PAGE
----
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  1. #1

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    Personal Interactivity at Disneyland

    Disney seems more and more concerned that the theme parks are not competing very well with growing entertainment media such as games since many children, adolescents, and young adults, especially, express a preference for these experiences.

    I do not believe attractions like Buzz Lightyear and services like Virtual Magic Kingdom are appropriate responses, however, to this phenomenon since they are not organic to the theme park medium. They seem more like gimmicks awkwardly tacked onto otherwise conventional and pedestrian experiences.

  2. #2

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    Re: Personal Interactivity at Disneyland

    It's a tough thing to handle for Disneyland and trying to beat videogames at their own game with simplistic little in-ride goodies just flat out isn't going to work.

    Disneyland's big attraction was stepping into the world of fantasy. While video games are stuck on a tv screen, the possibilities in them attract people to that aspect more and more as graphics have gotten complex enough to support it.

    It's a lot harder to promot Autopia("where anyone can drive without a license!") when kids can play Grand Turismo and race through the world with real cars, etc. The latter is virtual, sure, but as it becomes more and more detailed, the scope of the fantasy starts outweighing the fact that it's on a tv screen.

  3. #3

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    Re: Personal Interactivity at Disneyland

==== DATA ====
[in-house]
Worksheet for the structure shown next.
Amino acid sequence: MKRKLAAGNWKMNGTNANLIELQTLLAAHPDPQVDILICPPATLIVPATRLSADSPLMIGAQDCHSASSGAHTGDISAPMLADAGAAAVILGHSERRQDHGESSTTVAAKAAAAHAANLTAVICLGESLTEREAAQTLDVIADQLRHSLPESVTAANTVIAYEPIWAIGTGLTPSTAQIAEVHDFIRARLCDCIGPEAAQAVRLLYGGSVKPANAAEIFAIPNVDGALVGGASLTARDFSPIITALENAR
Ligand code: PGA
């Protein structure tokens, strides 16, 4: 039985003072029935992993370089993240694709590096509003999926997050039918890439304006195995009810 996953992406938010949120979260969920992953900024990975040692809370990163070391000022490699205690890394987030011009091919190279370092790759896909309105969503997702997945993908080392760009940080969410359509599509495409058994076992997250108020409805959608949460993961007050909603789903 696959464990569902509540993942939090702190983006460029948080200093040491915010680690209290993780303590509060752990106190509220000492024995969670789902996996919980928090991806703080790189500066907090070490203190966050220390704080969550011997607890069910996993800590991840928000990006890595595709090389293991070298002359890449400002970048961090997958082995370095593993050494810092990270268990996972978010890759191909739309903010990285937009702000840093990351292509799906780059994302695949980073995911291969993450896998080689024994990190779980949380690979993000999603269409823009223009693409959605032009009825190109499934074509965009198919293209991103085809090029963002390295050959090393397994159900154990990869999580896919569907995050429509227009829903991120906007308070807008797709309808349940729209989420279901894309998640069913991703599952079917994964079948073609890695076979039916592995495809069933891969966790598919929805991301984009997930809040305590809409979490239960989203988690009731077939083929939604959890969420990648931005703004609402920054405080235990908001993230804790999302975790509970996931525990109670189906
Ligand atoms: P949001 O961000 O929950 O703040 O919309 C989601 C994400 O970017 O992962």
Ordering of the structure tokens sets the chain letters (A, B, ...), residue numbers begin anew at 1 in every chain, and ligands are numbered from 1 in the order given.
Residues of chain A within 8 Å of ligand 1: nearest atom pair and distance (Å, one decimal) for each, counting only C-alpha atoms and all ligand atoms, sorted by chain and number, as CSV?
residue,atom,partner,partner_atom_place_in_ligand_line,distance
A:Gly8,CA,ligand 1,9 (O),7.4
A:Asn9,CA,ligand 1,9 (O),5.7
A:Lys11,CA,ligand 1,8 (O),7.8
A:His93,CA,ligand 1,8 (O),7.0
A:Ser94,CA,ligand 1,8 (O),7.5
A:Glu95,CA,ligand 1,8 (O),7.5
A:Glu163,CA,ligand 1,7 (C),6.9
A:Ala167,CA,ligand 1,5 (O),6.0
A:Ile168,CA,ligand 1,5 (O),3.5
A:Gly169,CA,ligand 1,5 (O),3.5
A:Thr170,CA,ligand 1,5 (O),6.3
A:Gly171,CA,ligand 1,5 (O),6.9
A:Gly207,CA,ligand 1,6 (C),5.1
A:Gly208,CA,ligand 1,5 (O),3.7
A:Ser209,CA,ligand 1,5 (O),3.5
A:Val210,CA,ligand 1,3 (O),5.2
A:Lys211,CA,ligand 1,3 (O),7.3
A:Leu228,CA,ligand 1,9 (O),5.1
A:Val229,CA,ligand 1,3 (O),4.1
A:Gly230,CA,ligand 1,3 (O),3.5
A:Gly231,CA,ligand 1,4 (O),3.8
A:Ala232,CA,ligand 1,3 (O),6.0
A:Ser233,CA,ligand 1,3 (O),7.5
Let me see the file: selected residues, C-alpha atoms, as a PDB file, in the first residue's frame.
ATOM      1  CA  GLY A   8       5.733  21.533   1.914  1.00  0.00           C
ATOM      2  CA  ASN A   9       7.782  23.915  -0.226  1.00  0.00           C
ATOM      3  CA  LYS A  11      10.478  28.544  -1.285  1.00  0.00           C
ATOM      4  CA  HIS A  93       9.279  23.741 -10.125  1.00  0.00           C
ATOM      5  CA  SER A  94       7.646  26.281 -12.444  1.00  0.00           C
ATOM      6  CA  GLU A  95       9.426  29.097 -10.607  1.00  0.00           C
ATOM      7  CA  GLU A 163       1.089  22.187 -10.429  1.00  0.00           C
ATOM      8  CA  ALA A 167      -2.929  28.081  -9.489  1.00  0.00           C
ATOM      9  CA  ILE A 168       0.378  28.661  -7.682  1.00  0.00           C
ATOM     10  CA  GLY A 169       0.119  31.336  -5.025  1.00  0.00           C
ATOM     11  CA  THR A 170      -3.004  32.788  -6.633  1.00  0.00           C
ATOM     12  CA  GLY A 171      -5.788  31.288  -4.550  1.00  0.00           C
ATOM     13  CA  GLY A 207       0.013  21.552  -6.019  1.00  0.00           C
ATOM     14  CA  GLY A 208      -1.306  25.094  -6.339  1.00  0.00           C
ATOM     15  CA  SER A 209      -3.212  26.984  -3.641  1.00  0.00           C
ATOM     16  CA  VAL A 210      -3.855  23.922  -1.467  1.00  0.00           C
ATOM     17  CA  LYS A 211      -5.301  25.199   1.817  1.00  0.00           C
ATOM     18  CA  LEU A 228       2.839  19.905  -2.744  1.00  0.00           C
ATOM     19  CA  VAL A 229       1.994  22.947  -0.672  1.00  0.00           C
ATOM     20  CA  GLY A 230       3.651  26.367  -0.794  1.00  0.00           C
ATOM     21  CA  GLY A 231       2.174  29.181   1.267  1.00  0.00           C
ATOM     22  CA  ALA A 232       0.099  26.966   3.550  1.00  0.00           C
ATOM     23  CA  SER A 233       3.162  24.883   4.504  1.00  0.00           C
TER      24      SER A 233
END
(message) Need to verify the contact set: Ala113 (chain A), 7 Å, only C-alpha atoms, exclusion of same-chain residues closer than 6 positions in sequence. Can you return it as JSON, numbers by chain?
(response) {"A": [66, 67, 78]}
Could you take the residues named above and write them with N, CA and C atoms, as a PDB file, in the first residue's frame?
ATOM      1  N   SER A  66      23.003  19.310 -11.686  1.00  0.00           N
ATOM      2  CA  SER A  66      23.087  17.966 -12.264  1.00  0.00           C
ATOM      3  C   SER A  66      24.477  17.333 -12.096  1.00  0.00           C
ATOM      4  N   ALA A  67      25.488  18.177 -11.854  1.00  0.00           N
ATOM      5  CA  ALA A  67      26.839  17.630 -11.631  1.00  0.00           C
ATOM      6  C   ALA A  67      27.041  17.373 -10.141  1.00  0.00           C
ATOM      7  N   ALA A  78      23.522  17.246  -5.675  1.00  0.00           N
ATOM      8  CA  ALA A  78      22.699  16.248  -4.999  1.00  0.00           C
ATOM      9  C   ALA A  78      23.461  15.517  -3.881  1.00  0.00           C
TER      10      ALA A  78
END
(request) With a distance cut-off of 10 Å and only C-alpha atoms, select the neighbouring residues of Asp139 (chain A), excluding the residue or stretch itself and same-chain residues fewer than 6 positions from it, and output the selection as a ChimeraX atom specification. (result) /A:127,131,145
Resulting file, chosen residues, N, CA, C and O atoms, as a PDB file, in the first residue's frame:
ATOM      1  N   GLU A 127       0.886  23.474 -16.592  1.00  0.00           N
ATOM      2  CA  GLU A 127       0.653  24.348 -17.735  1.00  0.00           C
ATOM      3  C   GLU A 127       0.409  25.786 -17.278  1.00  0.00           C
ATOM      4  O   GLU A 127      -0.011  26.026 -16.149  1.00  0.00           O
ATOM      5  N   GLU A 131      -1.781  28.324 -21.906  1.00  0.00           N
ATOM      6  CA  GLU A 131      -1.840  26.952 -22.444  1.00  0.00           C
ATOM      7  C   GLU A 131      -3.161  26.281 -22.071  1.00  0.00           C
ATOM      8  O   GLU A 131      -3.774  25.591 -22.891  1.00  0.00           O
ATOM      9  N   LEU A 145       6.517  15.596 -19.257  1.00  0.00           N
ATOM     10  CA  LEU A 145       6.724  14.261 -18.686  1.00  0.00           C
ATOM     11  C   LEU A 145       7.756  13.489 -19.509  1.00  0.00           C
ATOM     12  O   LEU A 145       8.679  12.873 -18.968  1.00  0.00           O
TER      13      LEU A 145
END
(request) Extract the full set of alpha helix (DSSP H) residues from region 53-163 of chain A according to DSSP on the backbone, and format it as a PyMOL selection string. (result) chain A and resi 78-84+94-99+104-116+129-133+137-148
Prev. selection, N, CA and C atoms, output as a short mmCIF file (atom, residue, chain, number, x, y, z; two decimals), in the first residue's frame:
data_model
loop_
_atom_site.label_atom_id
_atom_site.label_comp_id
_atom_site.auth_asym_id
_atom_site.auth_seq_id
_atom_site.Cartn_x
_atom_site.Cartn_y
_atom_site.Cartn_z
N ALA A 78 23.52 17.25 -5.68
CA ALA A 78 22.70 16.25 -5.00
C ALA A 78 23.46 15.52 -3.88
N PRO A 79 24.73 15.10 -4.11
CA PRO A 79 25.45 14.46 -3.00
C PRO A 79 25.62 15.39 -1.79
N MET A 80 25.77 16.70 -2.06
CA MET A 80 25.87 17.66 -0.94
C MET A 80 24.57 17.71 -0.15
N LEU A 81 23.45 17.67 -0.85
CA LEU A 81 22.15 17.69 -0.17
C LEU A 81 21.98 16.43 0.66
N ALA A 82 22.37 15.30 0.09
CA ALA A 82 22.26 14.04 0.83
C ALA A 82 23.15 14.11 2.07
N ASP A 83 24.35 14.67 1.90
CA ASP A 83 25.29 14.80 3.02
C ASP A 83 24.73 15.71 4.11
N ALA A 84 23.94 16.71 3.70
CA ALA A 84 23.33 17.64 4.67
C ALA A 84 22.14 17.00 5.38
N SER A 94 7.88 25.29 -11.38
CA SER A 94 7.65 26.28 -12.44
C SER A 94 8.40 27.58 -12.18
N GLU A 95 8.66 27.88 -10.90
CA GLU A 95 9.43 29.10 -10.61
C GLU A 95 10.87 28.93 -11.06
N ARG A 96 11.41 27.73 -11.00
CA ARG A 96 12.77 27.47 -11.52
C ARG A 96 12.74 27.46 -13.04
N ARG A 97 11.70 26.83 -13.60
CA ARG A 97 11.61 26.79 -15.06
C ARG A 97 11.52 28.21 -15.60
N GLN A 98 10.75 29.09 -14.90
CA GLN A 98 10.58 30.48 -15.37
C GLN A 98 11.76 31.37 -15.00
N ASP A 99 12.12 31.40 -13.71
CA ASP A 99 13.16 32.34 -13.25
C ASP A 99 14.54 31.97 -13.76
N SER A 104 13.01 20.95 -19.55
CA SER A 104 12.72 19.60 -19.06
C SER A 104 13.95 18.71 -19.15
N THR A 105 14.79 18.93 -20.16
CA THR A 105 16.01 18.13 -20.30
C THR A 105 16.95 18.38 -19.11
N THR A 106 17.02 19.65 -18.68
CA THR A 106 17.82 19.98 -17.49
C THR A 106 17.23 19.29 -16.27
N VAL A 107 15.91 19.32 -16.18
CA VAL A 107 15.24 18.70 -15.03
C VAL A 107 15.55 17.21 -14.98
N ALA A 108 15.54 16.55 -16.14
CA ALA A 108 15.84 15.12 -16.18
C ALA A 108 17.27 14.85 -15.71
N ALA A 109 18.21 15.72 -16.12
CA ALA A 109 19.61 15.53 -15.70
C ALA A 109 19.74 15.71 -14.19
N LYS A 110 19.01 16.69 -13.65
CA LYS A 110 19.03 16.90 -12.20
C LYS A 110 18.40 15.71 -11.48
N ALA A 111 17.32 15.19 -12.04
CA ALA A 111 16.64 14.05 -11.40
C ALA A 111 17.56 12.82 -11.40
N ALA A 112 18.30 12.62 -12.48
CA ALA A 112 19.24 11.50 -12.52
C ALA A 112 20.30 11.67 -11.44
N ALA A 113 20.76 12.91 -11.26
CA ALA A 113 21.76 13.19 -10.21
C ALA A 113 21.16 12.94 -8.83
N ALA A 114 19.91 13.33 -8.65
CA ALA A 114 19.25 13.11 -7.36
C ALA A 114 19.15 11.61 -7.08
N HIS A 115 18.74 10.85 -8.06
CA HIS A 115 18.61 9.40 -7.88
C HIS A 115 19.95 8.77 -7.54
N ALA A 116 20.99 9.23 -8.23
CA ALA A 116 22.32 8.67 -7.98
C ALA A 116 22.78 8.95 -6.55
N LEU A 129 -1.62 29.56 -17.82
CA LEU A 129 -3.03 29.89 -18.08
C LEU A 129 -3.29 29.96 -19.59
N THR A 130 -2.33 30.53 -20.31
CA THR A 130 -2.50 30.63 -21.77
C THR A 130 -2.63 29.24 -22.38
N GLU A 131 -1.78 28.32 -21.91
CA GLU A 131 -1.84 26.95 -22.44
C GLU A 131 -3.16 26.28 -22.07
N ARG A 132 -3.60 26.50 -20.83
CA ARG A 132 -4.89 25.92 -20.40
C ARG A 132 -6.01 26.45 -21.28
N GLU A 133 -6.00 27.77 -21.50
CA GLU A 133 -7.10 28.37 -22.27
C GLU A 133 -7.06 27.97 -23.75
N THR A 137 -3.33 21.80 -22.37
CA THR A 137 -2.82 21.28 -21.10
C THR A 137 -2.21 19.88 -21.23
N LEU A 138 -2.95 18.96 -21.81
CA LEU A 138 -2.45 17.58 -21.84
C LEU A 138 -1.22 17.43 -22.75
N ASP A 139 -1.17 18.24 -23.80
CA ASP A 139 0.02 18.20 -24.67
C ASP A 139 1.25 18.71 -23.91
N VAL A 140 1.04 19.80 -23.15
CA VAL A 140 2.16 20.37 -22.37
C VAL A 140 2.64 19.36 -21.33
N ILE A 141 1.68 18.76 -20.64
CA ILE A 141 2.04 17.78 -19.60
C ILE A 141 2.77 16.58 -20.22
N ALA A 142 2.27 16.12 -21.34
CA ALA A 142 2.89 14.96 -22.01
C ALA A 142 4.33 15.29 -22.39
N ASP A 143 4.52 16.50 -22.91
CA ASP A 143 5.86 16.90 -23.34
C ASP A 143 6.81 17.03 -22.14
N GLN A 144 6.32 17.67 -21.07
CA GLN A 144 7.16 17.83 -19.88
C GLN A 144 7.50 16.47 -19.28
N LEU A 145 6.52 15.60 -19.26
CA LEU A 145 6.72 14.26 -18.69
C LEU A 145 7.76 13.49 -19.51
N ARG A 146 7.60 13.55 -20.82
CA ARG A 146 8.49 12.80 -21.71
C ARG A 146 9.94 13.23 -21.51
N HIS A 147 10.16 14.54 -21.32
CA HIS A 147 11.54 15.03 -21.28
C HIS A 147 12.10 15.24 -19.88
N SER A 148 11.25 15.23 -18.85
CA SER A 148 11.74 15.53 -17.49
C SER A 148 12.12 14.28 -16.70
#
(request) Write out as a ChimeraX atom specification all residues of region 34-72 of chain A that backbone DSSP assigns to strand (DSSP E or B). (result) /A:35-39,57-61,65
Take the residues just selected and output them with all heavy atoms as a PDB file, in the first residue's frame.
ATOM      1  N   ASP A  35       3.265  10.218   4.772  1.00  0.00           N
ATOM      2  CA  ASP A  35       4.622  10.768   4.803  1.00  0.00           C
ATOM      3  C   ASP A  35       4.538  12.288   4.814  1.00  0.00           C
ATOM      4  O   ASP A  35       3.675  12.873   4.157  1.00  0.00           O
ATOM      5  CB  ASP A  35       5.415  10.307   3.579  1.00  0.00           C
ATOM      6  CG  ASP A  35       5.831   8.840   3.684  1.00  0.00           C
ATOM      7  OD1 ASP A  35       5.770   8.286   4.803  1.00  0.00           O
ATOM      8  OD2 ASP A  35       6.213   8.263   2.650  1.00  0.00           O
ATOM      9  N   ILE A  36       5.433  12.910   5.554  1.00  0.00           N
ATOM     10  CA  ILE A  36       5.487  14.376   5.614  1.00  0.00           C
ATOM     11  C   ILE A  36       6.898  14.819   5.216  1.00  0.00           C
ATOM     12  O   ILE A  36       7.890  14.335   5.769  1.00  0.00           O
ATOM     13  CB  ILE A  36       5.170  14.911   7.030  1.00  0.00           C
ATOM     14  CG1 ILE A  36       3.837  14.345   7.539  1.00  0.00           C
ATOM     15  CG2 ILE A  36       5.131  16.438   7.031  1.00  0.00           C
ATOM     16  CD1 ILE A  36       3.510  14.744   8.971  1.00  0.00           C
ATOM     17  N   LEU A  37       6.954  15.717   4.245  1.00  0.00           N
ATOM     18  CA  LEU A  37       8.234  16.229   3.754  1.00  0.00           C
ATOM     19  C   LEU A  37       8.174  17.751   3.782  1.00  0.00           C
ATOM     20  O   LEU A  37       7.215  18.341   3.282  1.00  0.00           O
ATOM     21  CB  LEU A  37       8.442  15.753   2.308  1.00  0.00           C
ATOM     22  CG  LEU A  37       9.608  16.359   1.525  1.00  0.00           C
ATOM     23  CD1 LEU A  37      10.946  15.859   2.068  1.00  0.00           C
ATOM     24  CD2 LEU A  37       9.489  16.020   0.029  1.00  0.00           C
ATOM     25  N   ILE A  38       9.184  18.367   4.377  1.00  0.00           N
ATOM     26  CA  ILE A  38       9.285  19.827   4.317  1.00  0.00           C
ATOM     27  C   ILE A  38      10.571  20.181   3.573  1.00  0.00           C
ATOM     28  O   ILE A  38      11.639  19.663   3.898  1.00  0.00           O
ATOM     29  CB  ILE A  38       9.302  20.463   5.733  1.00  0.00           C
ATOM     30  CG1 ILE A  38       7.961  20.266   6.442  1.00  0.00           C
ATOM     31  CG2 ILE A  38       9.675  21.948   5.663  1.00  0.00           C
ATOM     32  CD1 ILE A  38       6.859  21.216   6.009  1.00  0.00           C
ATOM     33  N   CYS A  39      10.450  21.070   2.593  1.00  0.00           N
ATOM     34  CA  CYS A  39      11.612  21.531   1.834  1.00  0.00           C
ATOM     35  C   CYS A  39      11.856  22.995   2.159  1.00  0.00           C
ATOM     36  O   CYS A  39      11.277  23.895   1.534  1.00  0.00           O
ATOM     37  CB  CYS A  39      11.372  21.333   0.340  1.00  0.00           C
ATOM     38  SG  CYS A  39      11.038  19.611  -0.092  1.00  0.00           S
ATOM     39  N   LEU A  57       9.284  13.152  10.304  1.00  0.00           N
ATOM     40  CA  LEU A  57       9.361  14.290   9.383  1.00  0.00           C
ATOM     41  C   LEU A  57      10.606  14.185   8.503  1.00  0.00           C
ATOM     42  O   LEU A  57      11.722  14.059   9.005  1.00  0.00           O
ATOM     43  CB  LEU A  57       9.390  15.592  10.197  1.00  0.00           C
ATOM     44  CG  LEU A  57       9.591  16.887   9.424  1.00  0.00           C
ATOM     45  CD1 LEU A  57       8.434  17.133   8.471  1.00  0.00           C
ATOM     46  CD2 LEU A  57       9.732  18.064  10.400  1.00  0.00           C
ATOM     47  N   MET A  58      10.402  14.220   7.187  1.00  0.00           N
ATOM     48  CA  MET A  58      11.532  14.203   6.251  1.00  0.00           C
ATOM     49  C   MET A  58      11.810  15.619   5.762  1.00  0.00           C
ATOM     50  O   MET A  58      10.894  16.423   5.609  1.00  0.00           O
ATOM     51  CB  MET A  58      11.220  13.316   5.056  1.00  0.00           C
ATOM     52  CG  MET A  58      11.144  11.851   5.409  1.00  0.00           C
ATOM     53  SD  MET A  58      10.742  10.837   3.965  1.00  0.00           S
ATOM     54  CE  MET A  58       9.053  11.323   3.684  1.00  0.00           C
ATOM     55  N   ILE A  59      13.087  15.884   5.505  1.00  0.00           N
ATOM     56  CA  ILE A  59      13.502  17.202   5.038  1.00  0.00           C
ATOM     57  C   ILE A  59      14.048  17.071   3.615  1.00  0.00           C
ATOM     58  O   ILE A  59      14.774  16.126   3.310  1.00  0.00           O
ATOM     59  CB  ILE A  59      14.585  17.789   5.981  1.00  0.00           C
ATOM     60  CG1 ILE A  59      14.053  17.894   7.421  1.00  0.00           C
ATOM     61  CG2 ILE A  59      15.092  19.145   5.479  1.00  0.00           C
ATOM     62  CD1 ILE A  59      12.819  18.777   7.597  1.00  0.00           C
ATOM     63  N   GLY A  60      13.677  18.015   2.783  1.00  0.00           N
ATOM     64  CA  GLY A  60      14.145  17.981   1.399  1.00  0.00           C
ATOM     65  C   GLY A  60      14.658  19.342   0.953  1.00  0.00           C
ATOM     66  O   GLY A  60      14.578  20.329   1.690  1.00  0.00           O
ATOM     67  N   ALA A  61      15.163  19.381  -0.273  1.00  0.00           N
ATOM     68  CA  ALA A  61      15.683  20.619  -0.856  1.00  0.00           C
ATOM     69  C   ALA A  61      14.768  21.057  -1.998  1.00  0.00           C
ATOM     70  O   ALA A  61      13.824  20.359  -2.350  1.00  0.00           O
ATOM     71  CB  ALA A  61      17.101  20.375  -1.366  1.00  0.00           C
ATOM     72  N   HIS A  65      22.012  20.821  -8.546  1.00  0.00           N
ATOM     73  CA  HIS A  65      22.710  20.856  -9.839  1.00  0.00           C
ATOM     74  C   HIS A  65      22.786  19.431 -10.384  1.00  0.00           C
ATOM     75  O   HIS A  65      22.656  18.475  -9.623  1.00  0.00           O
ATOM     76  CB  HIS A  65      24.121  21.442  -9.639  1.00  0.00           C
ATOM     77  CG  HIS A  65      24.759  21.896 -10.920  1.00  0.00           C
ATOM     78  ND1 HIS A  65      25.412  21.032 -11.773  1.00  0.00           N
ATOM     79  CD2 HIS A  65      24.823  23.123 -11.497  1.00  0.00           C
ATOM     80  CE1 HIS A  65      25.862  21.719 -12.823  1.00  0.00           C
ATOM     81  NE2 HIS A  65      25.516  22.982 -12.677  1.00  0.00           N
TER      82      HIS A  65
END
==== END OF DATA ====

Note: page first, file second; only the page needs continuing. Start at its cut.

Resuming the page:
I think there is potential in designing smaller, individual ride vehicles that permit the user to have more control over their movement and in designing walk-through attractions that offer more chances for users to deviate from a single course. Disneyland offers this interactivity in some respects by the design of the area walkways, but not as much in others.

    Additionally, I think it might be wise to create more attractions that operate like arcades in that they give guests challenges and conflcits that said guests can have a personal hand in overcoming and that offer real rewards. These attractions cannot be personally-interactive in name only, though; they must be narrative experiences that fully involve and immerse the guests in physical environments.

    Allowing guests to live a story in a personally-interactive way means that the attractions have to give guests a fictional motivation that stands apart from the usual reasons a guest might engage in a particular activity at the park.
    Last edited by PragmaticIdealist; 06-22-2006 at 12:54 AM.

  4. #4

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    Re: Personal Interactivity at Disneyland

    Let me also say that I do not believe passive entertainments are inherently worse than interactive ones because being a spectator has its advantages, too.

    Disneyland should move beyond shooting galleries and video arcades, though.

  5. #5

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    Re: Personal Interactivity at Disneyland

    I agree that there should be new and innovative approaches to rides and use of technology in the parks, however, you cannot require a guest to interact or to interact well as part of the ride experience.

    What is wonderful about rides like buzz is that guest can participate or just observe, and the level of participation doesn't necessarily effect the quality of the overal experience.

    the interactivity needs to be a take it or leave it proposition, because forcing people to interact would be bad

  6. #6

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    Re: Personal Interactivity at Disneyland

    I agree. Interaction should spring from a guest's motivations and initiative.